Occupational Structure

The occupational structure of a nation refers to the percentage of its workforce employed in various economic ventures. To put it in other words, articulating how many of the total working population are employed in agriculture and associated activities and how many of them are involved in manufacturing and service sector can be identified from the occupational structure of the nation

Occupational Structure in Colonial India

During the colonial period, the occupational structure of India, i.e., the allocation of working people across various industries and sectors, explicated small hint of change. The agricultural sector valued for the highest share of the workforce, which normally prevailed at a high of 70 – 75 % while the manufacturing and the services sectors estimated for only 10 and 15-20 % sequentially. Another outstanding perspective was the growing geographical variation. Parts of the then Madras Presidency (including areas of the present-day states of Tamil Nadu, Kerala, Andhra Pradesh and Karnataka), Bombay and Bengal observed a drop in the dependence of the workforce on the agricultural sector with a corresponding increase in the production and the services sectors. However, there was an increase in the share of the workforce in agriculture during the same time in states such as Rajasthan, Orissa and Punjab.

Occupational Structure

(A)MEANING Occupational structure refers to the distribution of the working population across primary, secondary and tertiary sectors of the economy.
(B)FOLLOWING ARE THE FEATURES OF INDIA’S OCCUPATIONAL STRUCTURE:
(1) PRE-DOMINANCE OF AGRICULTURE SECTOR
  • Agriculture was the principal source of occupation.
  • 75% population was engaged in agriculture, resulting in backwardness of Indian economy at the time of Independence.
  • The manufacturing and services sectors accounted for only 10 and 15-20 percent respectively.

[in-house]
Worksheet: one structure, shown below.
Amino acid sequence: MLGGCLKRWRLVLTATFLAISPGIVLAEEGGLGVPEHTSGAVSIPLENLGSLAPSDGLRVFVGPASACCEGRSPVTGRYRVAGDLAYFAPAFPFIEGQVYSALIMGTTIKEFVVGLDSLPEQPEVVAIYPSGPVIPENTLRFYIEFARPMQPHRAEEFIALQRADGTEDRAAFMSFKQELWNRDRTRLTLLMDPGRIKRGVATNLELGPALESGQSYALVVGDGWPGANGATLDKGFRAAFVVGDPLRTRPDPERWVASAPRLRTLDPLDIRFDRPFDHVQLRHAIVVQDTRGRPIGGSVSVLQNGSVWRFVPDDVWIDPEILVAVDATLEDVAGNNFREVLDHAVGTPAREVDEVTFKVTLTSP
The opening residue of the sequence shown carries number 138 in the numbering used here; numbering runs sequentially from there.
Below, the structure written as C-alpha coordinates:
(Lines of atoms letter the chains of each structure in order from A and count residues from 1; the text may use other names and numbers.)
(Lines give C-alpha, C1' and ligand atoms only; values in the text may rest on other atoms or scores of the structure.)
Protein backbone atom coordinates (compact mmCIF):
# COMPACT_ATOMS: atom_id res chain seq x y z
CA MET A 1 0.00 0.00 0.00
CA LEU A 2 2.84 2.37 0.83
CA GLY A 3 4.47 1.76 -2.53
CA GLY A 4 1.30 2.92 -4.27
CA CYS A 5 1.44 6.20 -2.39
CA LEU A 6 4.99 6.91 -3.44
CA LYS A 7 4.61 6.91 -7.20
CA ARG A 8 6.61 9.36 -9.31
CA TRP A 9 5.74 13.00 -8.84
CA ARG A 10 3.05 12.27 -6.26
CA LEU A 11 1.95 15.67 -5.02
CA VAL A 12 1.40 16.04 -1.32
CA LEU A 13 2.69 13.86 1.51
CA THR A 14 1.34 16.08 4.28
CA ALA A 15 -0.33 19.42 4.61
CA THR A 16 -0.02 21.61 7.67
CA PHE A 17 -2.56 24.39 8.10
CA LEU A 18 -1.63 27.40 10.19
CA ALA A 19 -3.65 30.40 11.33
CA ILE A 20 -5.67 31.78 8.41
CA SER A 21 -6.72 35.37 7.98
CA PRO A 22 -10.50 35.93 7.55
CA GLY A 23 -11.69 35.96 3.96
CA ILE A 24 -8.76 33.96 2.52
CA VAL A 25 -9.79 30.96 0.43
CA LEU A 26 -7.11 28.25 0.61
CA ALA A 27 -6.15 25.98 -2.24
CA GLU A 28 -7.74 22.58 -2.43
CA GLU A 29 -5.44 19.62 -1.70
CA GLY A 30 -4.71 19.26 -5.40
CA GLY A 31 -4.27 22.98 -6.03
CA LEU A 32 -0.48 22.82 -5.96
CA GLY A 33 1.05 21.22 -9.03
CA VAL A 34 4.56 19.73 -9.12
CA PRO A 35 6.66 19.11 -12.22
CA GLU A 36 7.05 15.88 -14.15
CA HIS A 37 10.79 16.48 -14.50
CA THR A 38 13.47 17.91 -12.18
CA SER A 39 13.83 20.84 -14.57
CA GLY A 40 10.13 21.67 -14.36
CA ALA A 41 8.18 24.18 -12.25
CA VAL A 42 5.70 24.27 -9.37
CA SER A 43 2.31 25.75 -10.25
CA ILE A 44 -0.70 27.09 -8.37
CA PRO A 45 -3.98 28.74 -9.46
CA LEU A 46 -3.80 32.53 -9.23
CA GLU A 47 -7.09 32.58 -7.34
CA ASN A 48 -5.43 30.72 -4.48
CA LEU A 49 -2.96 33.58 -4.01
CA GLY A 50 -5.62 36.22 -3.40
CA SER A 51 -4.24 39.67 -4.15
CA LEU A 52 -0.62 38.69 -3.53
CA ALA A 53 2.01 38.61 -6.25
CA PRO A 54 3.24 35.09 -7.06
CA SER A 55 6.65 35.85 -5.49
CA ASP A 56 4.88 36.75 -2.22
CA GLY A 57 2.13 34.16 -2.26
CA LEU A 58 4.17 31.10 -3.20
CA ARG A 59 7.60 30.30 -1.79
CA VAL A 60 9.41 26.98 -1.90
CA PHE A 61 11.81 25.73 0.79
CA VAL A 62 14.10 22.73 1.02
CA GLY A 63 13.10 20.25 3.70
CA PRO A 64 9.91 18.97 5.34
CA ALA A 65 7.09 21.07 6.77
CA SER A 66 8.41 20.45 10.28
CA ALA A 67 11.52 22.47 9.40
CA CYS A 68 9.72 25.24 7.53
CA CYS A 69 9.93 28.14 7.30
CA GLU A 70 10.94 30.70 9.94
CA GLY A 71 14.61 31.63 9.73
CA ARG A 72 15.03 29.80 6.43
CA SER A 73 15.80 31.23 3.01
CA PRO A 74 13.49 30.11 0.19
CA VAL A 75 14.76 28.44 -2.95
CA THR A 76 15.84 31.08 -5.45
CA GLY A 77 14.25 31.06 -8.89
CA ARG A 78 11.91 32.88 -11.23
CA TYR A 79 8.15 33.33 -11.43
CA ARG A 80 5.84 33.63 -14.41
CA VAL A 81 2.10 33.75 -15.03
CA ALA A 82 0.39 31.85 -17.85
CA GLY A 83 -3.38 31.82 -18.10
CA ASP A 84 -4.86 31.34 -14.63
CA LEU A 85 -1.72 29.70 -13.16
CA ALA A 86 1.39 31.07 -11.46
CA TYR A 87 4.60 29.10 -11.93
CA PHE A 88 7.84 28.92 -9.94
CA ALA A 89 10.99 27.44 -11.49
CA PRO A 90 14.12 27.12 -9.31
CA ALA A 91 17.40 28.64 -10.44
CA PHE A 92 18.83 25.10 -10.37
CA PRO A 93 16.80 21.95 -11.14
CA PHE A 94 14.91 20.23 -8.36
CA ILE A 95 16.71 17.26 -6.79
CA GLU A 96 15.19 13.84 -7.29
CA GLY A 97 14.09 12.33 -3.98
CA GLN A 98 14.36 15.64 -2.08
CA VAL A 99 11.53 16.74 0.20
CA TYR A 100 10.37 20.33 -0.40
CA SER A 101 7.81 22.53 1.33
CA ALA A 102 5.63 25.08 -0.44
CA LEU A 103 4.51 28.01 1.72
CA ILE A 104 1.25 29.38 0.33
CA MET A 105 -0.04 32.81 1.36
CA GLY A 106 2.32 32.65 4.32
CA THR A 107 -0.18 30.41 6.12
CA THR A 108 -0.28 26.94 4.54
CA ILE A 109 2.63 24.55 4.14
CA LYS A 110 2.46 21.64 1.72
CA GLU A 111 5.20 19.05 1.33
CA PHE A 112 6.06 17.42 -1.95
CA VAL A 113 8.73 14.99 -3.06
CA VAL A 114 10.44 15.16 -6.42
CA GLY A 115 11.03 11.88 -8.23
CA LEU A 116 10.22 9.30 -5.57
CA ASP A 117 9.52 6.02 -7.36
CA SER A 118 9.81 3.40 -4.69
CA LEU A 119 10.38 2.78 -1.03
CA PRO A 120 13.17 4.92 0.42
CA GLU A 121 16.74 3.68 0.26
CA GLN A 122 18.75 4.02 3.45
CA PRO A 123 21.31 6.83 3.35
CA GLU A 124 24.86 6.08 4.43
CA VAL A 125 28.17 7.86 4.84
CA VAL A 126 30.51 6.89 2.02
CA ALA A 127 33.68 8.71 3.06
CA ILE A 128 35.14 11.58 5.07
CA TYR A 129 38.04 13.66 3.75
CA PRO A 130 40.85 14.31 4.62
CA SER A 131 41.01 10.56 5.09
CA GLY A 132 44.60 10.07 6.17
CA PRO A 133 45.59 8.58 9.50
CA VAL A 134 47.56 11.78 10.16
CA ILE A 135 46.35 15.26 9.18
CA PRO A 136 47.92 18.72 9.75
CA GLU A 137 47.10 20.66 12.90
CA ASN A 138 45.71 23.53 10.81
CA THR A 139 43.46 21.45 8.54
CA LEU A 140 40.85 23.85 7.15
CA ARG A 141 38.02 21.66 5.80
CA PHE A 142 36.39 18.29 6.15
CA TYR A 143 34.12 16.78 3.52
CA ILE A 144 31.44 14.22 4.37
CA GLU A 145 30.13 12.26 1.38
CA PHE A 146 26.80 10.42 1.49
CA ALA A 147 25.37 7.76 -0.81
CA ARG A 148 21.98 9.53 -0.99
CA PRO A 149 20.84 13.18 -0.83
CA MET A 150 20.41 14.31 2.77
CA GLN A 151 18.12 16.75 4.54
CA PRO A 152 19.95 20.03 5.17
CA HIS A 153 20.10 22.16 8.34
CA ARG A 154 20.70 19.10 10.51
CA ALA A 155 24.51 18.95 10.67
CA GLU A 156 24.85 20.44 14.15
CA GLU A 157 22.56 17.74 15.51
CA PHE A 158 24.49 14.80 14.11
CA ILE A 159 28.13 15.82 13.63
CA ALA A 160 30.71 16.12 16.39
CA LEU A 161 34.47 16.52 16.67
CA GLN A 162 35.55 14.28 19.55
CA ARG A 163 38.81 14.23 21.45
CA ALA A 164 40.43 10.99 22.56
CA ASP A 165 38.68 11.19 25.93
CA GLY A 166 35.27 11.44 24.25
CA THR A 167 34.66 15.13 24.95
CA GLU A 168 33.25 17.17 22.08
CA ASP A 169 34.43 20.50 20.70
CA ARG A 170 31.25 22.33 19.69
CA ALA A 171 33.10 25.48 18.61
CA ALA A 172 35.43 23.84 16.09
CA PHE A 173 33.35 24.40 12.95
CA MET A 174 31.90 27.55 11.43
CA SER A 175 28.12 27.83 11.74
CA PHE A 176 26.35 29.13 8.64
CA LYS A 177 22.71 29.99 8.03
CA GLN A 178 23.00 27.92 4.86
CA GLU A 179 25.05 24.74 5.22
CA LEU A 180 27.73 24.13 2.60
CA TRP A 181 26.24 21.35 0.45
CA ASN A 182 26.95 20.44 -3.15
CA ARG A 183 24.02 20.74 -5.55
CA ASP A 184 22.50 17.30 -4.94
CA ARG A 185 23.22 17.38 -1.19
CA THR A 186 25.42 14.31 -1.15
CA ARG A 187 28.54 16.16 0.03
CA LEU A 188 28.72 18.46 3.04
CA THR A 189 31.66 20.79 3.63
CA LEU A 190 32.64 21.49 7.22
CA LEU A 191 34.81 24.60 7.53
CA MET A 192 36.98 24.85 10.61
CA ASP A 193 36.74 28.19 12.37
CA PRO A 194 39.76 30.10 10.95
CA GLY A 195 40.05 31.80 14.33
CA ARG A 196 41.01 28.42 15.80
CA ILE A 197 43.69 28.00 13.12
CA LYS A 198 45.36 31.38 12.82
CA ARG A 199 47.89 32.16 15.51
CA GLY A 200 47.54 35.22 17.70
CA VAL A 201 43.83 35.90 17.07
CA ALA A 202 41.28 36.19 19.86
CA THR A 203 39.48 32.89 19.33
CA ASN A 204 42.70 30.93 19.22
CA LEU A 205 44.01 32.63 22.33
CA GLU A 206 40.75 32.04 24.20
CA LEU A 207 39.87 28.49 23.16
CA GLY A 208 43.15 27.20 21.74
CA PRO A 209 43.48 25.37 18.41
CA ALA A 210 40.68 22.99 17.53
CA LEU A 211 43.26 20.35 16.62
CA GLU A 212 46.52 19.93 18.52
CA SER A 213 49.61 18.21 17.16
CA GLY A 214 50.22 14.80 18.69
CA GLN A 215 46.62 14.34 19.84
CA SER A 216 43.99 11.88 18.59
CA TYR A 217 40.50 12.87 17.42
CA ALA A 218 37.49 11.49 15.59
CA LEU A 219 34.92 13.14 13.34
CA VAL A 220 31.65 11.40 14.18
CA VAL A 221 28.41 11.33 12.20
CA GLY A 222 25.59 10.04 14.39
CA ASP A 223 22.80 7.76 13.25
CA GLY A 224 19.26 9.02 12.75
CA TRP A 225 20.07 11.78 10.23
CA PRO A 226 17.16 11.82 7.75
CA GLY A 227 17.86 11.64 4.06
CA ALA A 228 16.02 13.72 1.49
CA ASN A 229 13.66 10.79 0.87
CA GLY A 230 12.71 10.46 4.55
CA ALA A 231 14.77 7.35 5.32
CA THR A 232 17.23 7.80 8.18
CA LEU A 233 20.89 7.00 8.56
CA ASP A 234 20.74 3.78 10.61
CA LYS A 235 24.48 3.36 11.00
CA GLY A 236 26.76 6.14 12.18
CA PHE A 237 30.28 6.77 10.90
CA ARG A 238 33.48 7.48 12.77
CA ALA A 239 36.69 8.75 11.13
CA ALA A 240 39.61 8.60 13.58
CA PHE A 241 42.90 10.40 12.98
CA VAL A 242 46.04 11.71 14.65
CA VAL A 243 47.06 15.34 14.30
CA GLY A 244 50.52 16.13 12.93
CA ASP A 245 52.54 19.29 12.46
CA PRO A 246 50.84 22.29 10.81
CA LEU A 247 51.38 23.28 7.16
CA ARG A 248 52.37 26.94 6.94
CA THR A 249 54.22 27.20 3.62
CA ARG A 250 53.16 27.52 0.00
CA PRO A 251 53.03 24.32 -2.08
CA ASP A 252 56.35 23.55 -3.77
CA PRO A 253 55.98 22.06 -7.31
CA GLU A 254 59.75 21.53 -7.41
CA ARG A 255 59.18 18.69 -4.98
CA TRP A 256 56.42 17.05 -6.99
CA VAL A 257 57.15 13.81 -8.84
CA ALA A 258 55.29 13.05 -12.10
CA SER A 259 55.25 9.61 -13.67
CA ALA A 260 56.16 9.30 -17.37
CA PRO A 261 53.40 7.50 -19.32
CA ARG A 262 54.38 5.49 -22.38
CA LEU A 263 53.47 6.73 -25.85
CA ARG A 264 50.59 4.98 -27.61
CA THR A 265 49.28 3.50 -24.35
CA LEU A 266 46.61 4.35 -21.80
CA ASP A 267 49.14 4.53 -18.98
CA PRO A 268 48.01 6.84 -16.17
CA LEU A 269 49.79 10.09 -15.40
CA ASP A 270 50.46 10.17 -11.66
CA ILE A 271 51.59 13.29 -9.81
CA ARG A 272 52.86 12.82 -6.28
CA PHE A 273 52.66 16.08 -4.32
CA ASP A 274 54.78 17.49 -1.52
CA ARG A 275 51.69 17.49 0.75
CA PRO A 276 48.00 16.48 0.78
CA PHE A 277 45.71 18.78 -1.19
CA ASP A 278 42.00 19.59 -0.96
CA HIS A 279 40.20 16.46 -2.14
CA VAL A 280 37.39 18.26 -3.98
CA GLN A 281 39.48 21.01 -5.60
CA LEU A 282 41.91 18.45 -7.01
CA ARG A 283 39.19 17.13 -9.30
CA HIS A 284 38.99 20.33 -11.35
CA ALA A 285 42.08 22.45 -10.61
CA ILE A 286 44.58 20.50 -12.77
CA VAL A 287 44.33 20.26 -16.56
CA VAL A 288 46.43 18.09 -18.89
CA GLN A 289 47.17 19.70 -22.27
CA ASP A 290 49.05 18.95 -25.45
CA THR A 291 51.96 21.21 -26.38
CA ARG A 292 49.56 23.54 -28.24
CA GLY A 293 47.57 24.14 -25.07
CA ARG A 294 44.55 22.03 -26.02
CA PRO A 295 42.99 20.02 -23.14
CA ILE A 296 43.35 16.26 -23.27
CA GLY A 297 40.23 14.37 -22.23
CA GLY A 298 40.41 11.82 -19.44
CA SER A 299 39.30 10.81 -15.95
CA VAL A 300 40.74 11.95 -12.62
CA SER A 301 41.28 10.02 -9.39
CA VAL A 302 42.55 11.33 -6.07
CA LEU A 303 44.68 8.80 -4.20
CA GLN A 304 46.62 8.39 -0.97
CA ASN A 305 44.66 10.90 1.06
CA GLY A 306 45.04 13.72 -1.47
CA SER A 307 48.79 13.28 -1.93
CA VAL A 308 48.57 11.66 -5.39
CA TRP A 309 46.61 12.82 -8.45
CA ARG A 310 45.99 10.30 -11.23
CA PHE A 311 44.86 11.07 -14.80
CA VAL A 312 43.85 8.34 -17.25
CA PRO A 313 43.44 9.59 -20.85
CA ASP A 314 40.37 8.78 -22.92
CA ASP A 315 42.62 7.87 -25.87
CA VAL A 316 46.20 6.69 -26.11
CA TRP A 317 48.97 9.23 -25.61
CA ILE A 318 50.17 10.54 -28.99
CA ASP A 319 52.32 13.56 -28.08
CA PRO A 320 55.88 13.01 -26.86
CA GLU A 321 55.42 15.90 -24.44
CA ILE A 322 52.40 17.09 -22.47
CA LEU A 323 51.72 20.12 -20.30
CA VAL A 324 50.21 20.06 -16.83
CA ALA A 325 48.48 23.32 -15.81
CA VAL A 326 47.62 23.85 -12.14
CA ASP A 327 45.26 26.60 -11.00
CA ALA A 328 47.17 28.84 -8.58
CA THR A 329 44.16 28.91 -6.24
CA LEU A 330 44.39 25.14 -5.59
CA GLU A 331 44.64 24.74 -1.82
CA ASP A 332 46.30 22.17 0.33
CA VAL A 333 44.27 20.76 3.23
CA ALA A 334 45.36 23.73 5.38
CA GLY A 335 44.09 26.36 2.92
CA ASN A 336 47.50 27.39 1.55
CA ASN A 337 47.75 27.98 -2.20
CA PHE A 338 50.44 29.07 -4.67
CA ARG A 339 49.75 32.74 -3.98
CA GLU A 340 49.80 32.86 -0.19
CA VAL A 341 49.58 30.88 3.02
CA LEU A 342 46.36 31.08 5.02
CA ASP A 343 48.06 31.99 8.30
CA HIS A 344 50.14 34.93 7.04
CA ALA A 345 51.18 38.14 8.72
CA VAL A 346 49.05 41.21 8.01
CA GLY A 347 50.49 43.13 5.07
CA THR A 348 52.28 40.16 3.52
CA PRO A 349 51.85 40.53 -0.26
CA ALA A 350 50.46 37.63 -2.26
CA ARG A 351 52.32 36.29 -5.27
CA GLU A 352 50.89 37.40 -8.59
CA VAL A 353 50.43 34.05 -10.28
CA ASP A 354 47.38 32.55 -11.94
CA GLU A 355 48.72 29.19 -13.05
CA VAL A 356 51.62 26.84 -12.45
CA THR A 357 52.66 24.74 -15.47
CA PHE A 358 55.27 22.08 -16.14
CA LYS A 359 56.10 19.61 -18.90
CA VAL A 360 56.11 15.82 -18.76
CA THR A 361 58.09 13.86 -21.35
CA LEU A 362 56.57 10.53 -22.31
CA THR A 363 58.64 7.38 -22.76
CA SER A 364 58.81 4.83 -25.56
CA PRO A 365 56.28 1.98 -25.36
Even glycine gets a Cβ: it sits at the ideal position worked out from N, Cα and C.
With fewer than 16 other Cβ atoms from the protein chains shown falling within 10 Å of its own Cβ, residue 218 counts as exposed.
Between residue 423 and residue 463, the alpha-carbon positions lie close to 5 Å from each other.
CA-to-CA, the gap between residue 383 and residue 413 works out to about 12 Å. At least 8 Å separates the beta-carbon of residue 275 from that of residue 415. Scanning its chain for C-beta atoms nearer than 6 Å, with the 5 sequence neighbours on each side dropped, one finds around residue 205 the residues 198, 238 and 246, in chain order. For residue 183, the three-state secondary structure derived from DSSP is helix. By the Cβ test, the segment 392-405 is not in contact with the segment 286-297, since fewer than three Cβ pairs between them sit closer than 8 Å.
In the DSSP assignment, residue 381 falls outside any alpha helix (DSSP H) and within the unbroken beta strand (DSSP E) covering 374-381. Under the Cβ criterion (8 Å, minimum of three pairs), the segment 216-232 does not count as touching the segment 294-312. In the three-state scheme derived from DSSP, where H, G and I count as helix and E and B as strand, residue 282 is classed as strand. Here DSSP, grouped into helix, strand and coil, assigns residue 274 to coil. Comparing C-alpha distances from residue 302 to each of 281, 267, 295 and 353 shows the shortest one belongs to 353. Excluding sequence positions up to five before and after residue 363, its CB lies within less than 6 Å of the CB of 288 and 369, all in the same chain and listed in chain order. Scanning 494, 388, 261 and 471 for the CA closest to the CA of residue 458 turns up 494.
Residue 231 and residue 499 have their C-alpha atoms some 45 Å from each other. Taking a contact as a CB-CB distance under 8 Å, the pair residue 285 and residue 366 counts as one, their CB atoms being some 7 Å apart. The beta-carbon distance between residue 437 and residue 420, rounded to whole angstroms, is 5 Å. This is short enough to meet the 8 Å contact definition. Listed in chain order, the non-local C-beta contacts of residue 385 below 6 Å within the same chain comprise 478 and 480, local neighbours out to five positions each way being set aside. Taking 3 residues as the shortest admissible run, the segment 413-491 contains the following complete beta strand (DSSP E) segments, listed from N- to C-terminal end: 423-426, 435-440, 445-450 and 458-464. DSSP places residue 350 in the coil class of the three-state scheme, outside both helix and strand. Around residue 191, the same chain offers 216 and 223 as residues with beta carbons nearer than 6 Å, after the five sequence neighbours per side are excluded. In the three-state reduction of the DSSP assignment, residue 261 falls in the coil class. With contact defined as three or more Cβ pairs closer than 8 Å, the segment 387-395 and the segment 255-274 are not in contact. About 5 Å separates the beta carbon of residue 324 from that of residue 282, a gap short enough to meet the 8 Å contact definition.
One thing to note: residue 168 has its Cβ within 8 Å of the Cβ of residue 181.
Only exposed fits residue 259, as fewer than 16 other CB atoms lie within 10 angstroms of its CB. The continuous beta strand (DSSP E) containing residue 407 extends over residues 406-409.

• The growth of all the three sectors was unbalanced.
(2) GROWING REGIONAL VARIATIONS
  • States like Tamil Nadu, Andhra Pradesh, Kerala, Karnataka, Maharashtra and West Bengal witnessed a shift of dependence of the workforce from the agricultural sector to manufacturing and the services sectors.
  • However, there had been an increase in the share of the workforce in agriculture during the same time in states such as Orissa, Rajasthan and Punjab.
(A)EXPLANATION
  • The Indian economy was an agro-based economy on the eve of independence.
  • 75% of the Indian population was earning a livelihood from agriculture.
  • Despite being the primary source of income for a major population this sector faced decline under British rule.
(B)STATE OF AGRICULTURE ON THE EVE OF INDEPENDENCE CAN BE OBSERVED BY FOLLOWING CHIEF CHARACTERISTICS:
(1) SMALL AND FRAGMENTED LAND HOLDINGS
  • The landholding is defined as the area of land which a person or a family owns.
  • Land holdings in India were not only small but scattered as well.
  • Small and scattered land holdings were very difficult to cultivate.
(2) USE OF OUTDATED AND OLD TECHNOLOGY
  • At the time of independence, old and outdated methods of farming were used in the agriculture sector.
  • There was insufficient use of fertilizers, and other machines, etc.
(3) HIGH DEGREE OF VULNERABILITY/ DEPENDENCE ON RAINFALL
  • Agriculture was excessively dependent upon rainfall.
  • Good rainfall implied good output, while poor rainfall implied poor output.
(4) LOW LEVEL OF PRODUCTIVITY AND PRODUCTION
  • Level of productivity i.e. output per hectare of land was extremely low.
  • Low productivity implied low level of output, despite large area was under cultivation but due to fragmentation low output could be produced.
(5) SUBSISTENCE FARMING
  • Subsistence farming is one where primary objective of the farmer is to produce for his own family.
  • Sole aim is to produce for self-consumption or for his family rather than selling it to others to earn money.
(6) A WEDGE BETWEEN OWNERS OF THE SOIL AND TILLERS OF THE SOIL
  • Owners were seldom tillers of the soil they never shared the cost of output, Instead, they shared the output.
  • They were only interested in maximizing their rental income.
  • The tillers of the soil (Farmers) were given very less for subsistence.
  • The consequence was backwardness and stagnation of agriculture.
Q.1-Which of the following is not a characteristic of the Indian economy on the eve of Independence?
a. Small and fragmented land holdings
b. Use of outdated and old technology
c. Commercial farming
d. low level of productivity
Q.2- During British rule, Farmers were forced to grow which commercial crop
a. Wheat.
b. Rice.
c. Cotton.
d. Indigo.
Q.3-Who estimated India’s per capita income during colonial rule?
a. Dadabhai Naoroji.
b. William Digby.
c. R.C Desai.
d. All of the above
Q.4 Nearly ___________percent of the Indian population was earning a livelihood from agriculture on the eve of independence.
a. 85
b. 95
c. 75
d. 55
Q.5 ______________farming is one where primary objective of the farmer is to produce for his own family.
a. Consistent
b. Step
c. Subsistence
d. None of the above
ANSWER KEY
1-c, 2-d, 3-d, 4-c, 5-c

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